[00:18:55] Fab: It’s one of my favorite things that I started doing before the book came out and then kind of went out the window slightly, like for that time. And then I kind of, it’s kind of one of those things where I, so I add that to it and just want to people to listen again, not to think, OMG, that’s what she does now, all the time is I know, but when, when I can, the times that I know there’s nothing big happening, that’s what I would do. What I try then that has been working really well was understanding what was, when was my time spent basically most, most of the week. And again, it goes back to the book in Reclaim Your Time Off. I talk about the step zero. The three step solution is actually be mindful of where your time is going and understanding exactly, not just assuming and guessing. And what happened then is that I realize that meetings were taking so much time and that’s fine, but also, on a part-time basis, I also write a lot. And so it’s kind of then basically what I’m going to spend all of my weekends writing because during the week, I just don’t have like a three-hour slot, let’s say, to really focus on a couple of articles or, you know, obviously writer to writer and probably not a lot of people that are watching and listening are writers. Most of us need that kind of quiet time, and if you have a lot of meetings or a lot of calls, or a lot of things that interrupt you, it’s going to be really hard to get that focus back. So I just tried it and what it taught me, like having this, this free, no, this meeting free day. And that’s the one was that the first thing I needed to do is just understand how to set people’s expectations, cause once I could explain to them that, you know, for example, this is what’s going to happen. Like I’m not going to be around on Fridays. And what I did for that, I’ve been pulling up to respond to. So kind of like quiet on it. It’d be like, actually I’m pretending not to be working, even if I’m doing my own things really allow me to be like, if I want to check in on something, I can check in on something. If I don’t want to, I didn’t have to, because people will know that I’m not going to be around today. And the second thing that I did for that, so that’s the major. I mean, if you’re going to have meetings and that’s not applying to you even just saying, I know it’s almost like a not email day kind of works the same is really powerful. And if you do have meetings and that’s one of the issues, then set up a calendar, a shared calendar schedule, goddammit, I’m going to add the goddammit because that’s such a simple thing to do. And then you make sure that you say you can have slots every day. For example, I usually that I’ve stopped on Monday either because I’m talking to my team and I want to make sure that I have time for them. So, you know, just have slots take, you know, the Friday off or take your Tuesday off, or take your Monday off those slots. And then people ask you, are you available on Monday? No. That’s the reason why I have availability. The availability says I’m available these days at these times, swords. So it’s a combination. I find that if you don’t need to have a frame, a meeting free day, because meetings are not your issue. Even just having, starting to having an autoresponder on, I don’t have it all the time. Some people do. Personally, i, it just feels a bit too much for me, but on Fridays, cause I know that I need to have this space for myself. I usually would set it up unless it’s a really busy time. Or I got like something big coming up in which case I just need to be more flexible. But these are the two practical things that will say you can do for yourself. Just find the day that works best for you, and then start setting those expectations and people won’t get the hang of it and we’ll learn it.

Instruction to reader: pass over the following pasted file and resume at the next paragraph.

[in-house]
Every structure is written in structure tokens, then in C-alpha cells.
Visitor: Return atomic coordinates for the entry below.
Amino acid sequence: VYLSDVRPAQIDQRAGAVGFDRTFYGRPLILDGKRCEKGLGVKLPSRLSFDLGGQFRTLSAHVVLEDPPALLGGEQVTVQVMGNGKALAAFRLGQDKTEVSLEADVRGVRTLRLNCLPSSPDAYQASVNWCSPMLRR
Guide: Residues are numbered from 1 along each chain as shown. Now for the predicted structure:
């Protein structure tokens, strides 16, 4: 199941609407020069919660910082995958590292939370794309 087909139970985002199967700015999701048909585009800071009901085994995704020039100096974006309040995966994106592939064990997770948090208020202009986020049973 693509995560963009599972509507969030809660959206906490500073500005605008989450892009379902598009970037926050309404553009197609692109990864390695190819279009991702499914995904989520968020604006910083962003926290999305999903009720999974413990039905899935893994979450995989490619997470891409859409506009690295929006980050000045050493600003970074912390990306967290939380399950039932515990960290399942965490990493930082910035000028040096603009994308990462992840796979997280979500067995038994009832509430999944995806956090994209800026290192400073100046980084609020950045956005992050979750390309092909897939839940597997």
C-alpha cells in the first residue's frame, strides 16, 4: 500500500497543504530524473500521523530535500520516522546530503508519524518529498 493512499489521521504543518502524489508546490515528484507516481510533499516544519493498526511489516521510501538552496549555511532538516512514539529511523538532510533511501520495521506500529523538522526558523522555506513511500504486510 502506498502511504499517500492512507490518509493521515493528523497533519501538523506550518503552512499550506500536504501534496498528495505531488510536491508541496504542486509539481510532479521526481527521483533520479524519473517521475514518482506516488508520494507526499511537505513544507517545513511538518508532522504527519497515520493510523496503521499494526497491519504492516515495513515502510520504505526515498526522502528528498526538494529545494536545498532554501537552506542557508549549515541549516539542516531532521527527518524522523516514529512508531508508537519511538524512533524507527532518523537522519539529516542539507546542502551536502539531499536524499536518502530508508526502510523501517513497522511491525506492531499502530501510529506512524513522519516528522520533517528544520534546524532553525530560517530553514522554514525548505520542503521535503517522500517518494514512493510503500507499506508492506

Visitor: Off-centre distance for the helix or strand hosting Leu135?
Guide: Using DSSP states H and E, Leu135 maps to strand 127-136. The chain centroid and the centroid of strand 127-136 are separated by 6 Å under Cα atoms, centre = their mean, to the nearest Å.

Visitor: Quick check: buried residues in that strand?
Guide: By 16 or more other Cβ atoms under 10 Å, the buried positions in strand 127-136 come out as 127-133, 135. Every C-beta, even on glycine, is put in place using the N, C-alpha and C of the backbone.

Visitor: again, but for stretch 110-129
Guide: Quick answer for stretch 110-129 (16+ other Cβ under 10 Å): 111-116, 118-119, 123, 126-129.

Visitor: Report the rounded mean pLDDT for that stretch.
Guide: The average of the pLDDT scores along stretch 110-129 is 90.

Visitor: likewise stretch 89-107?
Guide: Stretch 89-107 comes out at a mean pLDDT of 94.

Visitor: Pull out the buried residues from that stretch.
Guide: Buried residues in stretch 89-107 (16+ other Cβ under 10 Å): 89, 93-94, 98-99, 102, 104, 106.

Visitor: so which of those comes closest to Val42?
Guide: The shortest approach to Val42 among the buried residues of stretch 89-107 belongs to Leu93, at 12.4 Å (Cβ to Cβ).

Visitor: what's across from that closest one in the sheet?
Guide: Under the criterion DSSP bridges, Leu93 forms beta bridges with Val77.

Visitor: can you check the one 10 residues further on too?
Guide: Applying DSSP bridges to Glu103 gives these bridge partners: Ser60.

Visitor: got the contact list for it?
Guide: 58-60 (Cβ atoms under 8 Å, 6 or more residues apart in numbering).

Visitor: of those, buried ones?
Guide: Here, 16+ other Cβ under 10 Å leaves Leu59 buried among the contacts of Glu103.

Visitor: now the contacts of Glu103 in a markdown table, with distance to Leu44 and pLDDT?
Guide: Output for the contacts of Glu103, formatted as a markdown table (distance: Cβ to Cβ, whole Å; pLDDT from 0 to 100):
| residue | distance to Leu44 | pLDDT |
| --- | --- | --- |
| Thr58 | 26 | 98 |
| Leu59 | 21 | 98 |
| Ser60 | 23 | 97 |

[00:22:09] Amardeep: Are there any other lifestyle change to make the moment? So here’s your current balance where you have at the moment where you have email free days and you have meeting free days. Do you feel like you got the balance right at the moment or is it still things you’re working and then trying to change and what kind of your ideal week look like or ideal lifestyle?